Entries related to Law 15 – Throw In


September 8, 2009

I have been told that the flip throw in is illegal. The only documentation I have found to support this is on page 128 of the 2009-2010 Laws of the Game of the fifa website. This is what it says:

“If the ball touches the ground before entering the field of play, the throw-in is retaken by the same team from the same position provided that it was taken in line with the correct procedure. If the throw-in is not taken in line with the correct procedure, it is retaken by the opposing team.”

If a player tries the flip throw and the ball touches the ground in the process of delivering the ball, they simply retake with a “normal” throw. Is this correct?

USSF answer (September 8 2009):
No, none of the above applies in this case. Whoever told you the flip throw-in is illegal has likely been abusing illegal substances.

The text you refer to, part of the 2009/2010 Interpretations of the Laws of the Game and Guidelines for Referees, means that the throw-in is retaken by the opposing team if the ball, after being released by the thrower, touches the ground before entering the field of play. It has nothing to do with the flip throw-in, referred to by the IFAB and FIFA as the “acrobatic throw-in,” which is perfectly legal if performed in accordance with the requirements of Law 15.


August 10, 2009


In a recent game a player was spinning the ball and not actually throwing from above and *behind* the head. Spinners only throw from above the head and perhaps slightly back and are therefore able to place their dominant hand more behind the ball. It is difficult to get so much spin on a ball thrown properly from behind the head.

How far back is “over and behind the head”?

Since a ball spinning that much is harder to control do referees consider it a wash?

USSF answer (August 10, 2009):
There is no rule that the ball may not “spin” when thrown.  Complete requirements for the throw-in are spelled out in Law 15 (The Throw-In) in the Laws of the Game.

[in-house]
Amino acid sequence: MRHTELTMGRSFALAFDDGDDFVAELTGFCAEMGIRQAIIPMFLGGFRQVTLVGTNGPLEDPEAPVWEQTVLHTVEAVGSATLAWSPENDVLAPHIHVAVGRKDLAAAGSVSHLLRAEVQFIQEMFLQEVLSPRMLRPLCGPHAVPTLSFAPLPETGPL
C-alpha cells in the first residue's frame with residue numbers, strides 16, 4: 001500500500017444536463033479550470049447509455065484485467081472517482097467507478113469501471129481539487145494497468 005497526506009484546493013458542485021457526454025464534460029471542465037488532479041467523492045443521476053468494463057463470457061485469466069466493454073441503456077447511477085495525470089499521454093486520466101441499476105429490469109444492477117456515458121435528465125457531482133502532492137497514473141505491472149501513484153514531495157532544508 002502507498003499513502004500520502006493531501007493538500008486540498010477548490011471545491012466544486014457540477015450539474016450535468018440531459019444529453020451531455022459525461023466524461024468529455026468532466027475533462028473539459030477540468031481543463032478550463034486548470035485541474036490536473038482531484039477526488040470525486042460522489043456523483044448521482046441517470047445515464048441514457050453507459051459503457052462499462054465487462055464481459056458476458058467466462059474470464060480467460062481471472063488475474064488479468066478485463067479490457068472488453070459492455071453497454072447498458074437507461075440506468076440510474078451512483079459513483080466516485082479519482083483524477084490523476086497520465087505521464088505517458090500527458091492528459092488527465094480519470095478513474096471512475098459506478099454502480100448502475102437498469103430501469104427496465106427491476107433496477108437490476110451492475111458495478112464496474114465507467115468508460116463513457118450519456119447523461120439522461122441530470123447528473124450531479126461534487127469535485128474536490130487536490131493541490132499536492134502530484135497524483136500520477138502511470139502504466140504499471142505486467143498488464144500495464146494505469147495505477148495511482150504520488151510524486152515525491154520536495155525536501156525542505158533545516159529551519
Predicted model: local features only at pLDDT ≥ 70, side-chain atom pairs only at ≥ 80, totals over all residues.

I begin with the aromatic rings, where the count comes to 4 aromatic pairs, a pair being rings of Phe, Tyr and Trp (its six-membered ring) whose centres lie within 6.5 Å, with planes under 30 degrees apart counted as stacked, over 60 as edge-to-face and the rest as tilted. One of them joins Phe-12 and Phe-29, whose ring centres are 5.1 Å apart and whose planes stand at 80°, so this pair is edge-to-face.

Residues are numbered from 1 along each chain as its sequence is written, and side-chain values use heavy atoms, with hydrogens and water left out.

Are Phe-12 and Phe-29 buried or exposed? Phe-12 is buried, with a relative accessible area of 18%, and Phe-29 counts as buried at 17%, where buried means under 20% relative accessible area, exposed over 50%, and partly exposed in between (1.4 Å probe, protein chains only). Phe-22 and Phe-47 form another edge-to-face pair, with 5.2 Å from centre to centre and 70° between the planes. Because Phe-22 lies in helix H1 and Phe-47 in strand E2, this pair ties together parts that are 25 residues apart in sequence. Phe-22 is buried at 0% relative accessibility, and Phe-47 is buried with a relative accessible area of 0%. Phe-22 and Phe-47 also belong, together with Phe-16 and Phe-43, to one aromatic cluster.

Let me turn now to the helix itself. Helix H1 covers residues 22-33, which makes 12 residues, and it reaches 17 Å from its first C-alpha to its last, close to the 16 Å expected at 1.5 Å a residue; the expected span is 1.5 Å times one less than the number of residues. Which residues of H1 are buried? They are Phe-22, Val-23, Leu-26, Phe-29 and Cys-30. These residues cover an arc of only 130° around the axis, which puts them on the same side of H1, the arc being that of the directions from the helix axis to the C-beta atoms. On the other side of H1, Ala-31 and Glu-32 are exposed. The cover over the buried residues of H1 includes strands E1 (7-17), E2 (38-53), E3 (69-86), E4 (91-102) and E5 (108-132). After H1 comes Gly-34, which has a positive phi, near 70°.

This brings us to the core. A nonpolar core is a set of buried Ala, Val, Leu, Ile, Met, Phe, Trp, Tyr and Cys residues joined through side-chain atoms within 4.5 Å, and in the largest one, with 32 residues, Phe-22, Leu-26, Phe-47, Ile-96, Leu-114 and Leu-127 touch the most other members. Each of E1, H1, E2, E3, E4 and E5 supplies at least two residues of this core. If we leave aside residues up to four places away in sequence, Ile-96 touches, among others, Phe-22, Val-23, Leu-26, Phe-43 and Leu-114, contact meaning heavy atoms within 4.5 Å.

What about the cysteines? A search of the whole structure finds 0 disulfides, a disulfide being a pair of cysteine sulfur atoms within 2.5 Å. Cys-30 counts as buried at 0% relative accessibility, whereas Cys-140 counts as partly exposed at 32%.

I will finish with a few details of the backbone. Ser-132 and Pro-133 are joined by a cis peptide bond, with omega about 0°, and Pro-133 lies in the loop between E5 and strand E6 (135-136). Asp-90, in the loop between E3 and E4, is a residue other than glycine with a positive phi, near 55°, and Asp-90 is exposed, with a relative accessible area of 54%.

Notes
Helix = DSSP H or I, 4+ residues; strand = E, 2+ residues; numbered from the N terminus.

At the moment of delivering the ball, the thrower:
* faces the field of play
* has part of each foot either on the touch line or on the ground outside the touch line
* holds the ball with both hands
* delivers the ball from behind and over his head
* delivers the ball from the point where it left the field of play

All opponents must stand no less than 2 m (2 yds) from the point at which the throw-in is taken.
The ball is in play when it enters the field of play.

After delivering the ball, the thrower must not touch the ball again until it has touched another player.

And the referee is the sole judge as to whether or not this procedure has been followed.


July 22, 2009


I am wondering about center referee mechanics for throw-in. I am getting feedback from referees that they have heard instructors tell them center referees should signal a throw-in with a 90 degree arm signal, rather than the 45 degree arm signal. They are being told to watch the MLS referees. Is this a change to referee mechanics?

USSF answer (July 22, 2009):
When in doubt, follow the instructions in the Guide to Procedures.  The referee “Points 45 degrees upward to indicate direction of throw-in.”


July 14, 2009


During an over 40’s mens’ recreational league match this weekend, there were 2 issues that another referee who is an assessor, told me I did incorrectly that surprised me.

1. During a throw-in, the player raised the ball just above his head and threw it in. Since law 15 states that the thrower delivers the ball from behind the head, I awarded a throw-in to the other team. After some discussion, it does raise the question, how far behind the head does the ball need to go before being a legal throw in?

2. During play near mid-field, a blue team player kicks a hard ball at close range (about 2 yards) from the white player who is running toward the ball. The white team’s player, in a flinch reaction, puts his hand up to protect his face and the ball hits his hand. He does not direct the ball after the contact. At the time, I did not consider it deliberate, and let play continue. This “no call” decision was based on the Advice to Referees as well as the 2009 Referee Program Directive on Handling the Ball, Part 4, where it talks about a purely instinctive reaction to protect sensitive areas of the body. This is consistent with the Advice to Referees. The other referee told me that not only should I have called handling, I should have given a yellow card because he considered it a tactical foul. I believe that it was neither a foul nor a misconduct.

USSF answer (July 14, 2009):
1. Referees need to remember that, in addition to the Letter of the Law, they need to be in tune with the Spirit of the Laws.  A throw-in is simply a way of restarting the game.  The decision on how far behind the head the thrower must bring the ball is a matter for the referee to decide.  While the requirements of Law 15 are pretty specific, not bringing the ball fully “behind” the head is a relatively trivial infringement of those requirements.